expressed for many years -- the use of a Gross Receipts tax. I was
wondering what specific objections you have for this tax.
Well let me just say this first, I think Milton Friedman restated
his plan the other day in Newsweek. Friedman, as I remember, says
there is very little revenue to be gained over 25 percent, and he
therefore proposed putting a ceiling of 25 percent. I mean the last
time in Newsweek he probably said that. People he alleged thus won't
go into tax shelters, I don't know if I can buy that. The trouble
with a gross receipts tax is the inequities. What if you got a little
business man who has inventory, are you going to tax him literally
on gross receipts? He may have net profit or he may have a net loss,
I have a lot of problems with gross receipts as a base. If you start
talking about a gross income tax or an adjusted gross income tax,
or one like the expanded adjusted gross tax, I could start buying
that. I think, based upon talking to a lot of taxpayers around the
country, and traveling to different parts of the country and having
the opportunity to meet with a lot of taxpayer groups, that there
are an awful lot of people who would even be willing to pay a little
more, (not a heck of a lot) if they could have the tax based on a
simplified adjusted gross income. This would eliminate the deductions
and the tax would assume a broadened base to eliminate some of the
shelter provisions as well, because everybody would be on a parity.
I think there is a lot to be said for that. I think as a matter of
fact secretary Bill Simon's idea, if he really means it, has an awful
lot of merit to it. The question is what are you going to do about
the fellow who is in real estate and tells you "I will not invest
in this deal unless I get so much depreciation, otherwise it doesn't
make any sense." Why should he take the risk? And what if the
real estate developers took the position unless we get this outside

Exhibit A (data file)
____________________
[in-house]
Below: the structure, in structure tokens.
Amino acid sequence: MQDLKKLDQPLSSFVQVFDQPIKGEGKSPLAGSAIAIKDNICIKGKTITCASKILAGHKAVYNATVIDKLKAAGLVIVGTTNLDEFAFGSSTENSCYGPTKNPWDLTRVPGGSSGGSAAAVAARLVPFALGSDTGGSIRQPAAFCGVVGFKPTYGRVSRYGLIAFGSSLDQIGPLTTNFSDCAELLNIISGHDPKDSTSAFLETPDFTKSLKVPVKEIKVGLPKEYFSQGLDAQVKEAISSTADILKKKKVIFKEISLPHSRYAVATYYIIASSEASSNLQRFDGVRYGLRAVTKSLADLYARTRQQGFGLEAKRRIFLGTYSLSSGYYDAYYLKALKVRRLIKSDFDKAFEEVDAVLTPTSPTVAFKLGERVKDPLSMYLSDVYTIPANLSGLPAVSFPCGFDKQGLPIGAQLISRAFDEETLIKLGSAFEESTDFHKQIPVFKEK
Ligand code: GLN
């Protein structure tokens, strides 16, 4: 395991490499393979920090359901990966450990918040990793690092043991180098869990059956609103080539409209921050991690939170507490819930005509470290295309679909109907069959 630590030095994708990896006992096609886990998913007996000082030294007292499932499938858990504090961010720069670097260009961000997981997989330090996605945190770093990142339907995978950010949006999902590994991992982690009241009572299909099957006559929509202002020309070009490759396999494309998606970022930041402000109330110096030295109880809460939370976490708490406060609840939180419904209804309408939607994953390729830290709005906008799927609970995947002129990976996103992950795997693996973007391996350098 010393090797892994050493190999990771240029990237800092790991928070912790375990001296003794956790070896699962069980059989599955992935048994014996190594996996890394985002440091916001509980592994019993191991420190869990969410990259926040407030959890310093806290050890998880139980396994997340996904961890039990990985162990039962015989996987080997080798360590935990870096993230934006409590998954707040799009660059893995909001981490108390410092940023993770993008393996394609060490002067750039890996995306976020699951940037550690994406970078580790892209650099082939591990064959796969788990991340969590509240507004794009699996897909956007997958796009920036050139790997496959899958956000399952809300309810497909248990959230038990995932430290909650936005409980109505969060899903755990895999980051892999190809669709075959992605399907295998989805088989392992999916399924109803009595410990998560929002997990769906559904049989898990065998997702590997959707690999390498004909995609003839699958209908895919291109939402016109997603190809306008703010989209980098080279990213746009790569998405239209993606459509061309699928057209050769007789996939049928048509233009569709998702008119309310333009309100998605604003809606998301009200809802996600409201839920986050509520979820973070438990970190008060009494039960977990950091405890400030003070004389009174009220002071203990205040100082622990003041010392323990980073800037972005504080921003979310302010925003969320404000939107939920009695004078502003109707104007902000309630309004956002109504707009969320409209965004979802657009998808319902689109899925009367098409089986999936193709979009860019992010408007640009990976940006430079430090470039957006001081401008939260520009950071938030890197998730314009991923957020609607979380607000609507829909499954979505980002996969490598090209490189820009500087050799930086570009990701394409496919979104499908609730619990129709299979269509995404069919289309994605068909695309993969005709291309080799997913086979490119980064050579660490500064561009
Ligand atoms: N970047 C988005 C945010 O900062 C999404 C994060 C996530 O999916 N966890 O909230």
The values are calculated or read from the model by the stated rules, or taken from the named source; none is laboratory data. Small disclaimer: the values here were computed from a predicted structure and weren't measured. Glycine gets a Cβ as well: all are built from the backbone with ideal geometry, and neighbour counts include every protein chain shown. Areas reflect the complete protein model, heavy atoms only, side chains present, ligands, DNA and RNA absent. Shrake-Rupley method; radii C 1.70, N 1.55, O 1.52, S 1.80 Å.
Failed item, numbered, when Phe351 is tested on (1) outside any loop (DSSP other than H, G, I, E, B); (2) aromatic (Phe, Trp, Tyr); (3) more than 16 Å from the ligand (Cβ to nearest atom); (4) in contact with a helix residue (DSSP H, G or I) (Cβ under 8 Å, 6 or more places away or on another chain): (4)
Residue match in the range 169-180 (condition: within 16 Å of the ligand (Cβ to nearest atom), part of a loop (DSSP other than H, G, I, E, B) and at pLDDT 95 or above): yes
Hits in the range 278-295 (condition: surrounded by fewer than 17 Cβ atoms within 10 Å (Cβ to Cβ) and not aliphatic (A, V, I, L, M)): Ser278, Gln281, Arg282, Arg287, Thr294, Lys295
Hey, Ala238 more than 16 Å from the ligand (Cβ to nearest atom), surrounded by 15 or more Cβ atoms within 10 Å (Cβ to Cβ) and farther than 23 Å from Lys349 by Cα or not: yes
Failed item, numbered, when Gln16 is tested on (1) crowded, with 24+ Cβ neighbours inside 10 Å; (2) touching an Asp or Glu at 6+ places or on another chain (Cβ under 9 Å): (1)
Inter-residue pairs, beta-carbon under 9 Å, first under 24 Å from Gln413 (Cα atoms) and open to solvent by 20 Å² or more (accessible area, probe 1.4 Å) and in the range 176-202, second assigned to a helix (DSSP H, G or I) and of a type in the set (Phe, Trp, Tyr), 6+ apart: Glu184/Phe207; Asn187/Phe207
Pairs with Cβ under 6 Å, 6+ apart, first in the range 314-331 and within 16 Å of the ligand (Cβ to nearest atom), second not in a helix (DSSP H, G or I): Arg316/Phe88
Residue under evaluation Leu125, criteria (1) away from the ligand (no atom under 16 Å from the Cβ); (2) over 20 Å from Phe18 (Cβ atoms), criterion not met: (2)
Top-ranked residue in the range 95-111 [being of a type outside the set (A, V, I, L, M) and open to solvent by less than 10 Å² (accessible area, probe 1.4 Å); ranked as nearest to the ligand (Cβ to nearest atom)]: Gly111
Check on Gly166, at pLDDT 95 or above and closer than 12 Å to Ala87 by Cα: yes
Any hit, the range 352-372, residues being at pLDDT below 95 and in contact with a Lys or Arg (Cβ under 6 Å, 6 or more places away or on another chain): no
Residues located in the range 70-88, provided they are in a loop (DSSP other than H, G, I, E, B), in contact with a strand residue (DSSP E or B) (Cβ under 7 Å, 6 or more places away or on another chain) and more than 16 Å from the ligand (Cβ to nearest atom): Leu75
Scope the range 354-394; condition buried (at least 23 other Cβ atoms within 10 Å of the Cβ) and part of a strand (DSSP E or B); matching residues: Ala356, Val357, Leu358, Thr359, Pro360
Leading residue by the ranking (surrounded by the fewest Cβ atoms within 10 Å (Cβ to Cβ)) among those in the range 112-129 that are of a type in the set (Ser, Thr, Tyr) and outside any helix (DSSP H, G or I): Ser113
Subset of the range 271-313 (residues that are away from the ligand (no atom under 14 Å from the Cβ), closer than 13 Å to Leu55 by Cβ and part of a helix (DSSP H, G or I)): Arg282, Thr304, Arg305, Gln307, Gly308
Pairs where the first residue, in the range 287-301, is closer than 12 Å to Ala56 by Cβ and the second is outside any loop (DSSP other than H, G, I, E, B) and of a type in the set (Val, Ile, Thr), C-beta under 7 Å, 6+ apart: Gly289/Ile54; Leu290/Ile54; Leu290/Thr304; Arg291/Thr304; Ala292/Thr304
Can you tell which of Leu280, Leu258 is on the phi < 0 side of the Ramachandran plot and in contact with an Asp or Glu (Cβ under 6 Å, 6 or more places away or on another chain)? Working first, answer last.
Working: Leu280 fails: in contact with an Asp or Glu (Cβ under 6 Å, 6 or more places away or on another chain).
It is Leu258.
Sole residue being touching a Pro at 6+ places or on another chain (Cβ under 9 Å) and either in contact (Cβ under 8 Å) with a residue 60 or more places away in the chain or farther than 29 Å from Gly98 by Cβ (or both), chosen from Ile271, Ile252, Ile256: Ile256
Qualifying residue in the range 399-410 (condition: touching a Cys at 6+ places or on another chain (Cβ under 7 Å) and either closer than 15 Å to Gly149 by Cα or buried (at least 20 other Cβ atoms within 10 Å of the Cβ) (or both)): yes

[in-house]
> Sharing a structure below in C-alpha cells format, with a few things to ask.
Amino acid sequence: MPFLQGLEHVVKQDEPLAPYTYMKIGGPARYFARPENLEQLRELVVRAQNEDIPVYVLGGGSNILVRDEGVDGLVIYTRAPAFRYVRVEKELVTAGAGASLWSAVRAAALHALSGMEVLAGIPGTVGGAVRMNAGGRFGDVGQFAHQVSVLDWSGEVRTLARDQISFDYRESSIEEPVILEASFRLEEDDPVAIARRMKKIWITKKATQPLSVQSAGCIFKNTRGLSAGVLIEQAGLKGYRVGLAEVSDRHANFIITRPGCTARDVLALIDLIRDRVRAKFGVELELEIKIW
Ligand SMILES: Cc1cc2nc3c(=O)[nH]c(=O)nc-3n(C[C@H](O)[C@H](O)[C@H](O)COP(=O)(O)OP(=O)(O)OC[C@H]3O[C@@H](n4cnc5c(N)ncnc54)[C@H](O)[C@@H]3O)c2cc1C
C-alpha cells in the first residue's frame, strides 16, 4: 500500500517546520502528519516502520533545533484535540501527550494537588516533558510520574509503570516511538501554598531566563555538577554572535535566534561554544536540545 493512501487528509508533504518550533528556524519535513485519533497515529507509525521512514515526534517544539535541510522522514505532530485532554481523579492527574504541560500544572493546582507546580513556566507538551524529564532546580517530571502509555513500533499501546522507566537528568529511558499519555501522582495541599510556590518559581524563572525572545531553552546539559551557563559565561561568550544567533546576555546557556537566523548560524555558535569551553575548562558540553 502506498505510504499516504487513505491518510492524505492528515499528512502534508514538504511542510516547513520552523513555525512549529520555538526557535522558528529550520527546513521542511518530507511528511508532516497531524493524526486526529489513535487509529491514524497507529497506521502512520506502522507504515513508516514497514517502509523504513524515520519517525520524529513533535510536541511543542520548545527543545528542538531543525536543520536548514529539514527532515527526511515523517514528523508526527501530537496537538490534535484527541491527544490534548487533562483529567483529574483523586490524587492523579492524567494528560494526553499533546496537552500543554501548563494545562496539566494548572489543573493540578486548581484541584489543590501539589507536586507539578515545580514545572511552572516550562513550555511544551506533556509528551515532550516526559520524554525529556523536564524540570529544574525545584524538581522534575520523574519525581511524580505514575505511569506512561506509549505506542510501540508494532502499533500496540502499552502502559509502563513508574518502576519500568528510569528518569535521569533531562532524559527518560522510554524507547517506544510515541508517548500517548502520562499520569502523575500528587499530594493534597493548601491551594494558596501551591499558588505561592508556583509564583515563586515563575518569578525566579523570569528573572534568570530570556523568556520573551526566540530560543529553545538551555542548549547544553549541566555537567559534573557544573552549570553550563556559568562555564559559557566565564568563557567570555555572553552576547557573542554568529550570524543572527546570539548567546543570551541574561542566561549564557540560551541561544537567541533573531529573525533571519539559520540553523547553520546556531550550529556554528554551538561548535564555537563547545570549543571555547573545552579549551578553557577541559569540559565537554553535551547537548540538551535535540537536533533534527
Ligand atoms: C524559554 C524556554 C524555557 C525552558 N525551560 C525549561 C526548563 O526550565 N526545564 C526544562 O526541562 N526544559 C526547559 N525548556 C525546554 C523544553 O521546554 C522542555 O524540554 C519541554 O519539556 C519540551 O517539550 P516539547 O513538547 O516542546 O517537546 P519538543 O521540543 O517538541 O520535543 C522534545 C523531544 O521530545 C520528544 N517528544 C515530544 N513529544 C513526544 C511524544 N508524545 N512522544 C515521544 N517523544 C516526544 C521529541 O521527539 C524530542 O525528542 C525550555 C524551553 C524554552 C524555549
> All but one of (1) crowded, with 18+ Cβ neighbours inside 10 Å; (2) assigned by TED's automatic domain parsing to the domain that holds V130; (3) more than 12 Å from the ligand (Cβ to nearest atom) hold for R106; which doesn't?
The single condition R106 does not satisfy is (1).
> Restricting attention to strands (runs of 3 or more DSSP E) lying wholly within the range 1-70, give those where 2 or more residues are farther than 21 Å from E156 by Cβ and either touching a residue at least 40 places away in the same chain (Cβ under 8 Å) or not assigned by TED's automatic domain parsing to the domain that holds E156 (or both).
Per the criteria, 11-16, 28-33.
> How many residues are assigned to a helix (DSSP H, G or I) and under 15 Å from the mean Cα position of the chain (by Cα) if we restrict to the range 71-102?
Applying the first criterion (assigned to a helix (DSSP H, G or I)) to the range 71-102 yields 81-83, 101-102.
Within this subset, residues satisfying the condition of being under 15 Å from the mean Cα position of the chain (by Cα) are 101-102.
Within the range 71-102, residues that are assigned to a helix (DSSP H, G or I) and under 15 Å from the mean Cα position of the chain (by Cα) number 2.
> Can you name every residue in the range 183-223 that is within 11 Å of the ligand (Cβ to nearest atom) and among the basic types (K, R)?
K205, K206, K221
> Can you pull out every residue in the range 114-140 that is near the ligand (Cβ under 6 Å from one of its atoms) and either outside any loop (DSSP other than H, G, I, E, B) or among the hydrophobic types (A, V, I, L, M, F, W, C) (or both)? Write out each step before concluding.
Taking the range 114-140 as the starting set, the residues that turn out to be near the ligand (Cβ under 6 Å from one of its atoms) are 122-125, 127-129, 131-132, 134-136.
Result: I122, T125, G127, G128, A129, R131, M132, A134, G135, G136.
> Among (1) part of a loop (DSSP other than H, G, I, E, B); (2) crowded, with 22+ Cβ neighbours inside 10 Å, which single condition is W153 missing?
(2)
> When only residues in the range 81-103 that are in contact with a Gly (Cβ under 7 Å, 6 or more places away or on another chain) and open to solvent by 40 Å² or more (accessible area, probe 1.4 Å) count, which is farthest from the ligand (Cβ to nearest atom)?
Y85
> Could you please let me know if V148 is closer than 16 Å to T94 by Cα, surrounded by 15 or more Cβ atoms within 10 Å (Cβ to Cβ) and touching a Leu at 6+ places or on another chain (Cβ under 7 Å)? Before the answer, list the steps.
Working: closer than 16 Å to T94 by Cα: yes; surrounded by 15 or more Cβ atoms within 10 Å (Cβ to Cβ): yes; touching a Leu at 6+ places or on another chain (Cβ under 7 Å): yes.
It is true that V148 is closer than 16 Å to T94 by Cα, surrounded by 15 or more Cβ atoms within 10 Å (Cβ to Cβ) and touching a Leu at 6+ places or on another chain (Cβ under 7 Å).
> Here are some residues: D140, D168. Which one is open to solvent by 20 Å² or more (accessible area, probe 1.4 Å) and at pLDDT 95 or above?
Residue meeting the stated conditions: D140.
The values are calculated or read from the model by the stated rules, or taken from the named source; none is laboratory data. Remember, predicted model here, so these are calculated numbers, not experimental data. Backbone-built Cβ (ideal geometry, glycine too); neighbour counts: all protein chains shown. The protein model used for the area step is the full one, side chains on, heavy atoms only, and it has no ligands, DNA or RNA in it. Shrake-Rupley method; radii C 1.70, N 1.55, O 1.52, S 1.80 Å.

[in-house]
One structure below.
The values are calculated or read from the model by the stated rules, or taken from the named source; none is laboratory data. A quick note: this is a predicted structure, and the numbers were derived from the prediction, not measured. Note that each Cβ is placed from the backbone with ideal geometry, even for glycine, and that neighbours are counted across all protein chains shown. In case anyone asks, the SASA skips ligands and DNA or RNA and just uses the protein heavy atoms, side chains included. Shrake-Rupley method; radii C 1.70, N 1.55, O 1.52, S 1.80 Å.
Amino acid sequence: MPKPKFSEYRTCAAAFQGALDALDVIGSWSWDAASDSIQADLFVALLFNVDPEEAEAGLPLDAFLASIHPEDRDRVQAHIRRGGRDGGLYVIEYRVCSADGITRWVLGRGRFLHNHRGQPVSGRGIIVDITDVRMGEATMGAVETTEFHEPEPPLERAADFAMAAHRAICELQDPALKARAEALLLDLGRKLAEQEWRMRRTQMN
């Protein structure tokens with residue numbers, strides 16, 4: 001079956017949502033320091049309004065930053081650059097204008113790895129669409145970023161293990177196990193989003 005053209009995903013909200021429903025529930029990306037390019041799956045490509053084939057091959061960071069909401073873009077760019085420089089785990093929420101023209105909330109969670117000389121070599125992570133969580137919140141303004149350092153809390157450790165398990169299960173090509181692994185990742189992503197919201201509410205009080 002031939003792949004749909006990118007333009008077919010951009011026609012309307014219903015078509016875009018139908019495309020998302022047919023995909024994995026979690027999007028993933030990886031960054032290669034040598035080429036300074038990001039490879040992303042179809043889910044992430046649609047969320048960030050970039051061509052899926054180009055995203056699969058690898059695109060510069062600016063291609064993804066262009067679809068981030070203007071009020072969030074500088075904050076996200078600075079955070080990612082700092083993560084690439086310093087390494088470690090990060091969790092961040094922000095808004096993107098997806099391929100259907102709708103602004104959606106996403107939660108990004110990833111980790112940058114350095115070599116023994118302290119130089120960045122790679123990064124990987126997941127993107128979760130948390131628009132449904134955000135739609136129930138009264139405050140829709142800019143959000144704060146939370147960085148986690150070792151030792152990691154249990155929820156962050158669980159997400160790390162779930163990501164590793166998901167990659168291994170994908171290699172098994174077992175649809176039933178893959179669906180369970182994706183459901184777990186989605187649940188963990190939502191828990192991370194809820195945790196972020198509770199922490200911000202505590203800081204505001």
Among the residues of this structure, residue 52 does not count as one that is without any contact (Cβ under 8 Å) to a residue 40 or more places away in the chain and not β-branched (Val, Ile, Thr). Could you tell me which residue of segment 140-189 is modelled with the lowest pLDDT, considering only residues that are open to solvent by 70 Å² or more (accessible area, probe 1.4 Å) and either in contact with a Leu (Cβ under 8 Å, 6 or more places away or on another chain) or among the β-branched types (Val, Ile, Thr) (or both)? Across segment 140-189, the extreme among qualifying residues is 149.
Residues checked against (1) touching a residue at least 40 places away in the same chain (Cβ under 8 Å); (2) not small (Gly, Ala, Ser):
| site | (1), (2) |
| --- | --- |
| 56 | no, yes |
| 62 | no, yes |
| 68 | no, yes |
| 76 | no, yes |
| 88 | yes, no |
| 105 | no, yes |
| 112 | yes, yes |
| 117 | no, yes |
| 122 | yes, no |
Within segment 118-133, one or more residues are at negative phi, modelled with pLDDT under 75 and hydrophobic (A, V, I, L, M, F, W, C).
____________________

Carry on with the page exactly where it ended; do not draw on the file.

capital we are not going to build the needed buildings. I don't know
maybe we should let the law of economics reach it's own level; and
give them this stimulus. Many people suggest we should. Give them
a direct subsidy instead of a tax deduction. That's a good theory
to give a direct subsidy, but we must also talk about balanced budgets.
Everyone wants to achieve a balanced budget by 1980, the balanced
budget year -- this is the language of both party platform. I will
say it will be very difficult to get direct subsidies enacted. You
will have to stand on a long line for that.
If you adopt a simplified tax structure, as you seem to suggest, wouldn't
the charities suffer thereby, and wouldn't they certainly oppose such
a move on humanitarian grounds.
Well this is the big argument that is being made. It so happens we
represent the Council on Foundations and I assure you the charities
have been up there on Capital Hill. At one time they were going to
treat as a tax preference the appreciated portion of property given
to charity. If you paid $100 for property and donated the property
to a charity when it was worth $300, you got a 300 dollar deduction.
The $200 spread was proposed as a tax preference. It was eliminated
by Congress because the charities were heard; they represent a very
large constituency. There are churches, there are schools, there are
colleges, there are all different types of foundations and they all
get up there and make themselves heard. The foundations of course
were injured tremendously in 1969 when the whole tax reform provisions
went in favor of private foundations. You must ask yourself whether
you are willing to pay the price for reform. Are you going to make
an exception for the charities? The treasury had some simplification
provisions which they proposed in 1973 which would sort of eliminate
a lot of the deductions but even then they carved out the charities
as a special group. You have a pretty strong constituency in the charities,
but in the main you're going to have to be awfully effective in bucking
them if Secretary Simon's proposal is to go through. Maybe he is going
to back off in his proposal and say you got the churches, synagogues,
the schools and we can't fight all of them. And this legislature may
have to carve that out as one exception, but this is the dilemma that
a legislator must face.
I can see your attack against the deductions or shelters to arrive
at Adjusted Gross Income, and you seem to favor the non-elimination
of the contributions deduction. But how about the other itemized deductions
for instance interest and taxes. Many people in the middle class category
have gone out and purchased homes knowing the additional amount that
they are paying and counting on those deductions, particularly since